source tree organization for large-scale C++ projects

Discussion in 'C++' started by mshngo, Apr 7, 2008.

  1. mshngo

    mshngo Guest

    Hi,

    I have seen two main methods of organizing the header and source files
    in a C++ project. The first method separates the public header files
    from the remaining files (i.e., source files and internal/
    implementation header files) -- the public header files are usually
    stored in a directory named "include", and the remaining files are
    stored in another directory named "src". The structures of these two
    directories are usually closely related. For example, Postgres adopts
    this organization.

    The second method does not enforce such a separation -- files are
    placed in directories according to which software module they belong
    to, so that header files and source files belonging to the same module
    will be placed within the same directory.

    What are the trade-offs?

    Thanks!
    Mingsheng
    mshngo, Apr 7, 2008
    #1
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  2. mshngo

    Ian Collins Guest

    mshngo wrote:
    > Hi,
    >
    > I have seen two main methods of organizing the header and source files
    > in a C++ project. The first method separates the public header files
    > from the remaining files (i.e., source files and internal/
    > implementation header files) -- the public header files are usually
    > stored in a directory named "include", and the remaining files are
    > stored in another directory named "src". The structures of these two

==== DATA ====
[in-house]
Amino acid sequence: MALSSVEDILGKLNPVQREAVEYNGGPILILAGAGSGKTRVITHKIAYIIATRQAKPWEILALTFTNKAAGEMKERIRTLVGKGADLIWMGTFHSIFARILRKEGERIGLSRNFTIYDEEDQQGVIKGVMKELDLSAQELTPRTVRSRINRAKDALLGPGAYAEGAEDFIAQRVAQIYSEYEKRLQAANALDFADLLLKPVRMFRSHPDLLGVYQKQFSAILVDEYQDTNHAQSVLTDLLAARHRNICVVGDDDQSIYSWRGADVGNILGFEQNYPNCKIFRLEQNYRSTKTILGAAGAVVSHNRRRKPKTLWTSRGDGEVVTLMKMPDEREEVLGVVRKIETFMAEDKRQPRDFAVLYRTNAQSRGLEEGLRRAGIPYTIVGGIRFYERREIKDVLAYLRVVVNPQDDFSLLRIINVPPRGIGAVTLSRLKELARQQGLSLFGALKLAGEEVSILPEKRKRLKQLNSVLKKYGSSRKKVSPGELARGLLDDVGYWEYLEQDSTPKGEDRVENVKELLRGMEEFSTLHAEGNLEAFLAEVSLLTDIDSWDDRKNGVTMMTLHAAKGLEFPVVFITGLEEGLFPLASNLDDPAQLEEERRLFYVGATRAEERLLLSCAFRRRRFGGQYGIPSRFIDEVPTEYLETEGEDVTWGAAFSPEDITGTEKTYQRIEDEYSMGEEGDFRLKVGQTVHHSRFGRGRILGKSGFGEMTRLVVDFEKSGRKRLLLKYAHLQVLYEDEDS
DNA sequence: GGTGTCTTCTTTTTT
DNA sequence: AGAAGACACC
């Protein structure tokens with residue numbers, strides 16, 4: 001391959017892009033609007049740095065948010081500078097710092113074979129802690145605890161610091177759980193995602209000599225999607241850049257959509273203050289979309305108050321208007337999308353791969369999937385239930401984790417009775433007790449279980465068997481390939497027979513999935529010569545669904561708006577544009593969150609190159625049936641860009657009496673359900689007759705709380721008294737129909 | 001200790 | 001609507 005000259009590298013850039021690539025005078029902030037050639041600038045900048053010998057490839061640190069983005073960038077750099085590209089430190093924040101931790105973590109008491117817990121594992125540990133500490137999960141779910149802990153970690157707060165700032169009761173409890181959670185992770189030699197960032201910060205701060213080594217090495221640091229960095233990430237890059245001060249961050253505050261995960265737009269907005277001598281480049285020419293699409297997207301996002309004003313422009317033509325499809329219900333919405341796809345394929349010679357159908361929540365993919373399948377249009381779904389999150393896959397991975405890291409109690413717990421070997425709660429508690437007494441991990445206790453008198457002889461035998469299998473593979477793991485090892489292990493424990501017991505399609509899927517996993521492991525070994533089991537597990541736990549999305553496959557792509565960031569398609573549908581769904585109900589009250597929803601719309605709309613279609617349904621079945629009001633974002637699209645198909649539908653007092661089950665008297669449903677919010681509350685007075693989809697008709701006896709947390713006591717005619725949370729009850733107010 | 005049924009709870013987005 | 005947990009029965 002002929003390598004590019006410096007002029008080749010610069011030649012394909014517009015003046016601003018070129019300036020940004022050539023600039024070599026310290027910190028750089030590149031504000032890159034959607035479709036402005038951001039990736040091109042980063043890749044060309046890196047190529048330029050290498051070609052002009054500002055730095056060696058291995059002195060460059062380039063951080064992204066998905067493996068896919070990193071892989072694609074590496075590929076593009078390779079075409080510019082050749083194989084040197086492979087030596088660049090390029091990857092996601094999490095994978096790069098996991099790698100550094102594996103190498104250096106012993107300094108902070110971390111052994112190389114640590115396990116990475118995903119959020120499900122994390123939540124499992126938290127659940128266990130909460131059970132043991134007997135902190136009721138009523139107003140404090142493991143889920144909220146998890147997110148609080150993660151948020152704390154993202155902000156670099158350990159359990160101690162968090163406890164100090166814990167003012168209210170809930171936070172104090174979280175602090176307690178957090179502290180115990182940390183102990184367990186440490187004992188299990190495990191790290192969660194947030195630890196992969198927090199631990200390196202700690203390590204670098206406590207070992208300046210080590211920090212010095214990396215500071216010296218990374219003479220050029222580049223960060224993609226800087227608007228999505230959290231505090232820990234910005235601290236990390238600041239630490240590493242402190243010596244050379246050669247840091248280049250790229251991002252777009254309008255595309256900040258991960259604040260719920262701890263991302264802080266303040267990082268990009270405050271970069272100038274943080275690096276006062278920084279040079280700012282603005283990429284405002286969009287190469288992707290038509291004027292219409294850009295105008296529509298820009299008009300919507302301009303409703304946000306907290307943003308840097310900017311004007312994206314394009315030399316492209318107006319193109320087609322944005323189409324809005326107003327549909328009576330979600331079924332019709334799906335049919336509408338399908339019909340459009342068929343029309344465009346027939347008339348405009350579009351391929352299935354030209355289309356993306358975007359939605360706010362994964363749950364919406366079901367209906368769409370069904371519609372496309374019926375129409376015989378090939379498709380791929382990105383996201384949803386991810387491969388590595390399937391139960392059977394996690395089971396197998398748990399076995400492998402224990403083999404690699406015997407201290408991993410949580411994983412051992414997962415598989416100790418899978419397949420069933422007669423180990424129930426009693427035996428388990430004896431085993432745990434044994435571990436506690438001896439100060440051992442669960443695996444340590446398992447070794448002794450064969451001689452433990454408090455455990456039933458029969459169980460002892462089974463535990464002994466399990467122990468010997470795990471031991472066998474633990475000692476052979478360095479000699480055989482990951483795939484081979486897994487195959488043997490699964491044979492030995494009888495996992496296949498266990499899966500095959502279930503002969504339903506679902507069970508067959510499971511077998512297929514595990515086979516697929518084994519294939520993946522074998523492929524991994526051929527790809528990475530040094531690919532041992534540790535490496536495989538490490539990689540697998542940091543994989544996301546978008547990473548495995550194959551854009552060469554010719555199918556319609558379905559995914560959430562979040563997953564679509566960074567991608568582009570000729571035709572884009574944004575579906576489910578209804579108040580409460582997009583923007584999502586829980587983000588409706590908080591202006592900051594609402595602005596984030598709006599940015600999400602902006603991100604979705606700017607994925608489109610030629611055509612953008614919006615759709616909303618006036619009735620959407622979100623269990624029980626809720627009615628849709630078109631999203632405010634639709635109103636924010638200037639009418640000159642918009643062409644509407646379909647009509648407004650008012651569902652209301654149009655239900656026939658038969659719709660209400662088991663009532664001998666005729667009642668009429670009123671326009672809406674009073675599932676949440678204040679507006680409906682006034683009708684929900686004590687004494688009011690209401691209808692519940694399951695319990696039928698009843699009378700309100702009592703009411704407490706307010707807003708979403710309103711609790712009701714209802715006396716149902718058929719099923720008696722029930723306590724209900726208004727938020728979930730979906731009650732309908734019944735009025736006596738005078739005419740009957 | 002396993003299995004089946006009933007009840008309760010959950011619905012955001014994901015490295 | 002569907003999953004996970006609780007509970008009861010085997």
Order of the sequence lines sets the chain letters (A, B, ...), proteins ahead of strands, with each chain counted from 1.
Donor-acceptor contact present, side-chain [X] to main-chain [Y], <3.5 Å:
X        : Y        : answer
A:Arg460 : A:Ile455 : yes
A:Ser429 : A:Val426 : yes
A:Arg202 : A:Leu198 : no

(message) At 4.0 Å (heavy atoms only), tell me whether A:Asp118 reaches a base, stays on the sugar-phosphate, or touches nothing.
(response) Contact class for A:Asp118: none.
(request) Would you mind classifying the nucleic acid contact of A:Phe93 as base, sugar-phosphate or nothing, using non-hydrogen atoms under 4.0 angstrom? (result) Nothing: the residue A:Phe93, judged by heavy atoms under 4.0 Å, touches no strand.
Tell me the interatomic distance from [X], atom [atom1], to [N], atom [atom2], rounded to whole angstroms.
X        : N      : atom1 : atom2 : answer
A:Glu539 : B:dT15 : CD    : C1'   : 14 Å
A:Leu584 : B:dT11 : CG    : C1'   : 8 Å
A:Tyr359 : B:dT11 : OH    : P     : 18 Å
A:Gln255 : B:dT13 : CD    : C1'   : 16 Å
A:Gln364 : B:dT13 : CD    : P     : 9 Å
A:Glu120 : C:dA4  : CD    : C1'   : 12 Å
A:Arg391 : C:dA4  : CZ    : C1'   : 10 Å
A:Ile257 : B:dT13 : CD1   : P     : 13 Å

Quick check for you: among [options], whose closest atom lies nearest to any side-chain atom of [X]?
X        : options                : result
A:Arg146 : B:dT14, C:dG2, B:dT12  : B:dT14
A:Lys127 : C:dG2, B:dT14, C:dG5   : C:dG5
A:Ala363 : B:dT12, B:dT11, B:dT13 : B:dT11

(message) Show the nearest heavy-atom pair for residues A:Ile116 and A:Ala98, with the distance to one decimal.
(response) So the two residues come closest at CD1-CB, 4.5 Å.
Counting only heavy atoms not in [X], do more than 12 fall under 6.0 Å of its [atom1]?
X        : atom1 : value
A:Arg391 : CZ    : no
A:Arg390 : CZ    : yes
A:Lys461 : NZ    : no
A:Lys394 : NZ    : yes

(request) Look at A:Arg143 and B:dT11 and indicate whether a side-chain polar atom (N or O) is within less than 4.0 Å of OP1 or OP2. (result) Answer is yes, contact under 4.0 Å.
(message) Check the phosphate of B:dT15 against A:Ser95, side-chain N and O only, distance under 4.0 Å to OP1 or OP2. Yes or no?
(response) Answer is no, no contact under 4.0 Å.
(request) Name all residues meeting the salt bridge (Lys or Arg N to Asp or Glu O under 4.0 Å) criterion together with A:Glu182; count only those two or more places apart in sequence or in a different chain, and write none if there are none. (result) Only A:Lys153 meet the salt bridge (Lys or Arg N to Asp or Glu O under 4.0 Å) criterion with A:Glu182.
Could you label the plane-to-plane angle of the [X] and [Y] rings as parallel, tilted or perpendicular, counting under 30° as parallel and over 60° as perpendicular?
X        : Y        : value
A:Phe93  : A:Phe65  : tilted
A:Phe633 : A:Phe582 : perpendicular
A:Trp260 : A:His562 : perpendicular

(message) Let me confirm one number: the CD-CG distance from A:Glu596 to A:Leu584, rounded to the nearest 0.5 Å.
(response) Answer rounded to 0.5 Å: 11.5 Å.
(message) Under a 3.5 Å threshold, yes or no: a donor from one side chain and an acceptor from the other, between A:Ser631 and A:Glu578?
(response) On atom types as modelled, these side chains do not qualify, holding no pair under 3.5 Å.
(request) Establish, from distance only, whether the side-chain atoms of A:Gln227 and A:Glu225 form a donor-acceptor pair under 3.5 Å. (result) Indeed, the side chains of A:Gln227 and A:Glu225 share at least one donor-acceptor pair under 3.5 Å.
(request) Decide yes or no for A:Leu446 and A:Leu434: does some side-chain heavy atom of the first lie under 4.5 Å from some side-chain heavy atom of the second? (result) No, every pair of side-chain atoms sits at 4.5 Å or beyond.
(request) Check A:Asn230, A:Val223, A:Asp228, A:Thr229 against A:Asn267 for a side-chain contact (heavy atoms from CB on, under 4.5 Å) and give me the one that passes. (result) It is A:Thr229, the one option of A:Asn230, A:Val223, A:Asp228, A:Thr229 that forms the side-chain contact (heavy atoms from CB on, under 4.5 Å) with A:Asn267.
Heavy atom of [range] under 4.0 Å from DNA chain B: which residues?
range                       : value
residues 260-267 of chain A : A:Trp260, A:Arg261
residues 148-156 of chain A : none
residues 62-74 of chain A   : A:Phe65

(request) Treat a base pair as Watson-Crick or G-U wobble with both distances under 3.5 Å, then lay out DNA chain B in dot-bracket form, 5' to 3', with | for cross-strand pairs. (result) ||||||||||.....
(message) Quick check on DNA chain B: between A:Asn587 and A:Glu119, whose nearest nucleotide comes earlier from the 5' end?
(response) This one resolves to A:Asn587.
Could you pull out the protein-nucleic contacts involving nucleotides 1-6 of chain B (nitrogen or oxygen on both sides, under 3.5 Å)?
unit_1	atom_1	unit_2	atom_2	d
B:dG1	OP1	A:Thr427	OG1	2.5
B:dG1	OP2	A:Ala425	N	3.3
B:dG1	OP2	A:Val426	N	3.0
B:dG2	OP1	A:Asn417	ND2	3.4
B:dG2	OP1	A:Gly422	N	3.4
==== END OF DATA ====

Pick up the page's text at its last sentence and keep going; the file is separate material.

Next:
> directories are usually closely related. For example, Postgres adopts
    > this organization.
    >
    > The second method does not enforce such a separation -- files are
    > placed in directories according to which software module they belong
    > to, so that header files and source files belonging to the same module
    > will be placed within the same directory.
    >
    > What are the trade-offs?
    >

    I've worked with both and now prefer the latter. My main reason is the
    subdirectories can map to namespaces, disambiguating files names.

    --
    Ian Collins.
    Ian Collins, Apr 7, 2008
    #2
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  3. mshngo wrote:
    ....
    >
    > What are the trade-offs?


    Code modularity is sacrificed with the first method. Modularity is
    important in large projects.

    You somewhat have more work to manage the include paths, however that
    can be easily automated. I wrote MakeXS to do just that - automate as
    much of the mechanical tasks as I could - making it as easy as dropping
    in a file and typing "make".

    makexs is now available from Austria C++. http://austria.sourceforge.net/

    There are other build systems, cmake for example. MakeXS is still using
    make. (gmake to be exact).
    Gianni Mariani, Apr 7, 2008
    #3
  4. mshngo

    Craig Scott Guest

    On Apr 7, 10:53 am, mshngo <> wrote:
    > Hi,
    >
    > I have seen two main methods of organizing the header and source files
    > in a C++ project. The first method separates the public header files
    > from the remaining files (i.e., source files and internal/
    > implementation header files) -- the public header files are usually
    > stored in a directory named "include", and the remaining files are